Novel Coronavirus is Ten Times More Deadly than Swine Flu, Says WHO

GENEVA,  – The novel coronavirus has turned out to be ten times deadlier than the swine flu, said the World Health Organization (WHO) on Tuesday.​The new coronavirus has already infected over 1.91 million and killed more than 119,000 as of April 14, making it much more contagious than the swine flu pandemic in 2009.

The swine flu pandemic caused by the H1N1 virus first detected in Mexico infected 1.6 million and killed 18,449 between January 2009 and August 2010.

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Since a majority of developing countries couldn’t accurately report the exact number of deaths, researchers tried to estimate the precise mortality rate of the swine flu.

A study by the Lancet Infectious Diseases released in September 2012 calculated the deaths in the range of 151,700 and 575,400; most of the unreported cases were from South East Asia and Africa.

In contrast, the ongoing coronavirus pandemic, which is still to reach its peak in many countries, is likely to cause two million cases in the coming weeks.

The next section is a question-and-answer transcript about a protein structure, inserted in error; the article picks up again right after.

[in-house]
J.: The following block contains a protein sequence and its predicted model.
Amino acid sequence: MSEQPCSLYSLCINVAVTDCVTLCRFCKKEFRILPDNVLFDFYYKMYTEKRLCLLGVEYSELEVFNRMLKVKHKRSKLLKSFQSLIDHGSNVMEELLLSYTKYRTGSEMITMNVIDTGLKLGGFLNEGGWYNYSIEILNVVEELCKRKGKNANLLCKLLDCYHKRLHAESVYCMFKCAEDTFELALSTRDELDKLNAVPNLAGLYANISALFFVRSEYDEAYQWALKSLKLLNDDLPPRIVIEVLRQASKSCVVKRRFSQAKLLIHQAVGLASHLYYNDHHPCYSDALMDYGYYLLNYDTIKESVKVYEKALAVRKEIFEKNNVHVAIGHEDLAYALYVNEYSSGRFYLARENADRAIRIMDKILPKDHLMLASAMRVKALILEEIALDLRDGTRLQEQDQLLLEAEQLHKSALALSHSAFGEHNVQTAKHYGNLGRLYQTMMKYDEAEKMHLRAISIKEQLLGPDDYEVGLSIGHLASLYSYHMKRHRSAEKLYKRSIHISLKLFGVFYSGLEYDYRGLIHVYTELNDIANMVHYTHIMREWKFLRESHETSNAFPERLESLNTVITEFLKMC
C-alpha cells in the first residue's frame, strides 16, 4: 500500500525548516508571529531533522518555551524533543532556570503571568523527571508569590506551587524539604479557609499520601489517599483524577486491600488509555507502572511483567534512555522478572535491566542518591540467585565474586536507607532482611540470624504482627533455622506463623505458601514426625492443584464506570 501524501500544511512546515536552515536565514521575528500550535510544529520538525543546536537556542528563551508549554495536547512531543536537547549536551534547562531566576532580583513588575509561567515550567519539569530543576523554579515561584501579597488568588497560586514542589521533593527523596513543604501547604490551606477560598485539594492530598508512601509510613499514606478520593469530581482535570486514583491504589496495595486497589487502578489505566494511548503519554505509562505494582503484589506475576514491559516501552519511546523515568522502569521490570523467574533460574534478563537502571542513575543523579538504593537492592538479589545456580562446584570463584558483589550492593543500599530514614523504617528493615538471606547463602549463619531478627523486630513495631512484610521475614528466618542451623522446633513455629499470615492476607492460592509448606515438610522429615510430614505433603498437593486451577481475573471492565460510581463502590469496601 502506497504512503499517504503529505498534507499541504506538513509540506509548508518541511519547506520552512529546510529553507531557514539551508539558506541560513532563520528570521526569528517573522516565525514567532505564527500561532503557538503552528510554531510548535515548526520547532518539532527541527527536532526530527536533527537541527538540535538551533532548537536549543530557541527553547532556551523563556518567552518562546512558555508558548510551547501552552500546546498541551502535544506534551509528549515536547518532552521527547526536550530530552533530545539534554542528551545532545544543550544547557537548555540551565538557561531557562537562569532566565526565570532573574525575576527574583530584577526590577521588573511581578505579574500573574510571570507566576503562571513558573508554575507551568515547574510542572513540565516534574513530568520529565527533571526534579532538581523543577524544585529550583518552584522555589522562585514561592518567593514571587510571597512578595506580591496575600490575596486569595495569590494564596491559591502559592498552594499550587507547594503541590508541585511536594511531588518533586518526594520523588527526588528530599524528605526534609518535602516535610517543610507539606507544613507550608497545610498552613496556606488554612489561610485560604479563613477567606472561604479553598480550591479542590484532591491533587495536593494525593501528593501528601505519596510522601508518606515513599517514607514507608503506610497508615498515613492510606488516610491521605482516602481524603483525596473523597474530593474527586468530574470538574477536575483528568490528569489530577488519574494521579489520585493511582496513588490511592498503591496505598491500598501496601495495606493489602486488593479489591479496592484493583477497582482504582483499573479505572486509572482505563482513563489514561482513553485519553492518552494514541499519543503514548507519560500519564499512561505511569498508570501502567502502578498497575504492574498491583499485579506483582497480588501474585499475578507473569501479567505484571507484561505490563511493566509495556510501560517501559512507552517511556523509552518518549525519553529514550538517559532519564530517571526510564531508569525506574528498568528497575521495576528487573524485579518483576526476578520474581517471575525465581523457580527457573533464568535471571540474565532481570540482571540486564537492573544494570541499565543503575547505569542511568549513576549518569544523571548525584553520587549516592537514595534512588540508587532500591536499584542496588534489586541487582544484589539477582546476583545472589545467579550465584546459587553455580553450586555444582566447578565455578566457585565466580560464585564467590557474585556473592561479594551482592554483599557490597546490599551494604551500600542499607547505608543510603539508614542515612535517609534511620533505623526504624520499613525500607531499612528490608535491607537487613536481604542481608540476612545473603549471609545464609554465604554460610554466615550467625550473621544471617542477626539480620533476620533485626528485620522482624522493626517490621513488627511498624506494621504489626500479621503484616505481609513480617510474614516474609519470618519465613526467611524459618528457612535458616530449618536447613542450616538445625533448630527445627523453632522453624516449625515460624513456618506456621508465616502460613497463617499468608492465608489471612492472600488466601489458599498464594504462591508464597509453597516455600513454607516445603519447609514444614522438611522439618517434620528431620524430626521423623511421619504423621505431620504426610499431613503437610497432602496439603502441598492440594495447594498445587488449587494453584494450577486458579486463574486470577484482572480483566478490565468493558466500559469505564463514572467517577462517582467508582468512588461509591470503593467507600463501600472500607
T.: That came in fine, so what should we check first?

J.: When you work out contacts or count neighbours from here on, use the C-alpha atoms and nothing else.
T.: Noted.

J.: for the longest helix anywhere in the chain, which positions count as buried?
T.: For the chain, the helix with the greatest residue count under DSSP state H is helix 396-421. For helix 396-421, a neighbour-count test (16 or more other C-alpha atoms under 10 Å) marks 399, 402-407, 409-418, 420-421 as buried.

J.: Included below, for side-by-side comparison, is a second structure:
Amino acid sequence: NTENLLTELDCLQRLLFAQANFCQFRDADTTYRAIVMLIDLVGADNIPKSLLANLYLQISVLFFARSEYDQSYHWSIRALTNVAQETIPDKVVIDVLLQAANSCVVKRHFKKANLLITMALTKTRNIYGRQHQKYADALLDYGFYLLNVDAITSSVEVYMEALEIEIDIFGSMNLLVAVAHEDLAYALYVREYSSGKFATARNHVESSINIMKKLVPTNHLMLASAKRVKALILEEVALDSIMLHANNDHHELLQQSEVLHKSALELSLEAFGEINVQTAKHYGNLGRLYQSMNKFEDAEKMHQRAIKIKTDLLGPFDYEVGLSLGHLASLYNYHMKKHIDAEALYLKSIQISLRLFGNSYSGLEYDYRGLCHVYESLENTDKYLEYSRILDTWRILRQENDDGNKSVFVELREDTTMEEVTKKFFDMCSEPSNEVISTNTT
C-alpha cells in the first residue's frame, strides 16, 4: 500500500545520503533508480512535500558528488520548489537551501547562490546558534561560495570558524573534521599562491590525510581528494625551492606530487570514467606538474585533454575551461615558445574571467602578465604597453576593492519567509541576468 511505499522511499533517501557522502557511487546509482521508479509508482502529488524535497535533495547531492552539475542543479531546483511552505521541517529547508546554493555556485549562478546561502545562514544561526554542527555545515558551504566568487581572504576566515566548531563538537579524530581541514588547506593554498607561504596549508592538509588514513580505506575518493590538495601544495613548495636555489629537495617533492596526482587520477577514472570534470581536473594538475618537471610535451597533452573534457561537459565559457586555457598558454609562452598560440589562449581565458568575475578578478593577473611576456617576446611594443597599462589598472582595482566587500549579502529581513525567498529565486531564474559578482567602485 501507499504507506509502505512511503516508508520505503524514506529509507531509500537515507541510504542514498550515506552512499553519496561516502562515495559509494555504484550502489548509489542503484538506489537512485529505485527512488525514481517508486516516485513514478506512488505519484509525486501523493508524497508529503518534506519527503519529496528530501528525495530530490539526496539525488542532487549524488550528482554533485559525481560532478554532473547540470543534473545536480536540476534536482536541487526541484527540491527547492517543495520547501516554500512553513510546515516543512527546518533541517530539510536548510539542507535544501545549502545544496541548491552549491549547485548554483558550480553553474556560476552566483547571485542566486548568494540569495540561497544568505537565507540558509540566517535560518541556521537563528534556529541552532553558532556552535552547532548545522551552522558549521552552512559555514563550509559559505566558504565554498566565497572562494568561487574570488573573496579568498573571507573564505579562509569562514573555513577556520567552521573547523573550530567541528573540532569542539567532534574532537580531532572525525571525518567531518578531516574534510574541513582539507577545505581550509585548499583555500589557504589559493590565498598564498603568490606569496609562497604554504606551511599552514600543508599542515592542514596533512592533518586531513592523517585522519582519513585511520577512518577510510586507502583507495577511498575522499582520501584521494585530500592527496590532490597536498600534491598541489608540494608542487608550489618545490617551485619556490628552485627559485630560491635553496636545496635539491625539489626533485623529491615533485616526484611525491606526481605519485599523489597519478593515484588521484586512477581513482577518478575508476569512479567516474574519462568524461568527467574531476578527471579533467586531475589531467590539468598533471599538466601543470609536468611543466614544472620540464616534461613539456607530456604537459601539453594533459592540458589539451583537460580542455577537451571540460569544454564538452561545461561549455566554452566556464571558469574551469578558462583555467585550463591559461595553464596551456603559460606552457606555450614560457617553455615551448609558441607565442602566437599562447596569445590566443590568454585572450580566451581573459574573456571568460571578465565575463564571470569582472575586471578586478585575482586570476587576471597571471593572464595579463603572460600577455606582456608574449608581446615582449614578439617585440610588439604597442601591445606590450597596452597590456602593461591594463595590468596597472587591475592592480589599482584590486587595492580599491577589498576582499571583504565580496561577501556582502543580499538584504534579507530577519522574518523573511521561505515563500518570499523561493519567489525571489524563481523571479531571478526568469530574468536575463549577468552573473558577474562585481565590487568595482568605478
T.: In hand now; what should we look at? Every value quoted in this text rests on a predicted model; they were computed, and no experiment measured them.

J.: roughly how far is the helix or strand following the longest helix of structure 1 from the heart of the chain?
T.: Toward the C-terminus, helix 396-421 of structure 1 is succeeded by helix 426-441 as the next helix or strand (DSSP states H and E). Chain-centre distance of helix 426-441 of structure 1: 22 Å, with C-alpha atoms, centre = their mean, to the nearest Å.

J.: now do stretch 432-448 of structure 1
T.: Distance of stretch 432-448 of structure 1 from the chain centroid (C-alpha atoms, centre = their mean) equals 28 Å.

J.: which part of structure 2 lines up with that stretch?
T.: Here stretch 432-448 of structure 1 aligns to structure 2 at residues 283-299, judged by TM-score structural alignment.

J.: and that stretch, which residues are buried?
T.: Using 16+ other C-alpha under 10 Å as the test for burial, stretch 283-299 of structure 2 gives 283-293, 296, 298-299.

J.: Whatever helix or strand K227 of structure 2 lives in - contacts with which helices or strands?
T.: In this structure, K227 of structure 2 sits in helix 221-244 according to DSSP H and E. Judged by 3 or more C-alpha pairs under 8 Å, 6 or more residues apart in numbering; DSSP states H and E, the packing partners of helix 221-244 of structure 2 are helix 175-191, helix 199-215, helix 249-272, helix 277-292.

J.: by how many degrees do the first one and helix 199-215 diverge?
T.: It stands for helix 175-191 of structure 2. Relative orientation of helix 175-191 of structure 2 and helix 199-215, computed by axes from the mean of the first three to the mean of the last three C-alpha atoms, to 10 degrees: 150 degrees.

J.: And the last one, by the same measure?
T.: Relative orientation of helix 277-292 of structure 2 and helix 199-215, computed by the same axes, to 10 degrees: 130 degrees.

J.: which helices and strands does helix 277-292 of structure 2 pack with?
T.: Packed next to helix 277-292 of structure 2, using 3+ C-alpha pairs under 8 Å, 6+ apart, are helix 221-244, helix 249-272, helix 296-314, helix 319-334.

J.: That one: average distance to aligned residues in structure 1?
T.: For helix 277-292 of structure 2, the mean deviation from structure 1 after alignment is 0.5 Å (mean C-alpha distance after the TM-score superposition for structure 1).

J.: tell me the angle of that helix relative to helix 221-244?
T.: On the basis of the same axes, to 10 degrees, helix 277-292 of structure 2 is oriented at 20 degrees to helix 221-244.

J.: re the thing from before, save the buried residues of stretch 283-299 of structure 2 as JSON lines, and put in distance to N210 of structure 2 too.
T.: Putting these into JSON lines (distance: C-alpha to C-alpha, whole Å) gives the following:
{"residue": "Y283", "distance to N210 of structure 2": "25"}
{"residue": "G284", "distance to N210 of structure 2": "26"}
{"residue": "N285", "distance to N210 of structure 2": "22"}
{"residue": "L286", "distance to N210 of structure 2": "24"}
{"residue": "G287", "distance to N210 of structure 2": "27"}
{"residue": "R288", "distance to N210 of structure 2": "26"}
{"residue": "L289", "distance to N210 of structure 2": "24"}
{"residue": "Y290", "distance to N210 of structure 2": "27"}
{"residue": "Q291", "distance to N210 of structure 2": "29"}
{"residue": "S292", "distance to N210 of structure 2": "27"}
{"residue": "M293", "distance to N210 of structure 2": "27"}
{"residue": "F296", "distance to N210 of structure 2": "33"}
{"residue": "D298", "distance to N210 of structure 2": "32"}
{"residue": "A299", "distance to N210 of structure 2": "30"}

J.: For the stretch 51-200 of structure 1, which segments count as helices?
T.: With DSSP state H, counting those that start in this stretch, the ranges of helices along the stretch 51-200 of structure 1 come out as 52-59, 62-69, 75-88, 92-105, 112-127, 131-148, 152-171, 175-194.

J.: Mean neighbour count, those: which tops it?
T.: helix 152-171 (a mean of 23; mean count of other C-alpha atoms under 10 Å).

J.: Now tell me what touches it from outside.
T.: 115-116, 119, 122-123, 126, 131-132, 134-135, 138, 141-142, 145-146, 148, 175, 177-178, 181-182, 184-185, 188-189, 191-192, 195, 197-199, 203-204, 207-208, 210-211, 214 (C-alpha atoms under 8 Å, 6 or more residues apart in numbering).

“We know that COVID-19 spreads fast, and we know that it is deadly – 10 times deadlier than the 2009 flu pandemic,” announced Tedros Adhanom Ghebreyesus, director-general of WHO at a virtual briefing on the coronavirus pandemic.

“As we have said many times before, this is a new virus, and the first pandemic caused by a coronavirus,” he added.

The number of cases has doubled in just three to four days in some countries, overwhelming hospitals. Globally, coronavirus cases approaching two million have doubled in only 11 days, requiring countries to take more precautions to control the ongoing pandemic.

“While COVID-19 accelerates very fast, it decelerates much more slowly, warned Tedros. Such a high rate of transmission has made the lockdown and stay at home orders in countries having large populations a tough measure to implement.

The WHO also urged governments’ to cautiously lift restrictions imposed to tackle the pandemic. “Control measures can only be lifted if the right public health measures are in place, including a significant capacity for contact tracing,” Tedros said.

In order to assist countries in deciding on easing the restriction and re-start the economy, the WHO will soon release a new strategy.

The strategy includes six criteria: controlling the transmission, a robust health system, minimizing outbreak risk in hospitals, preventive measures in offices and educational institutes, tackling imported cases, and readying the community to adjust to the norm of social distancing.

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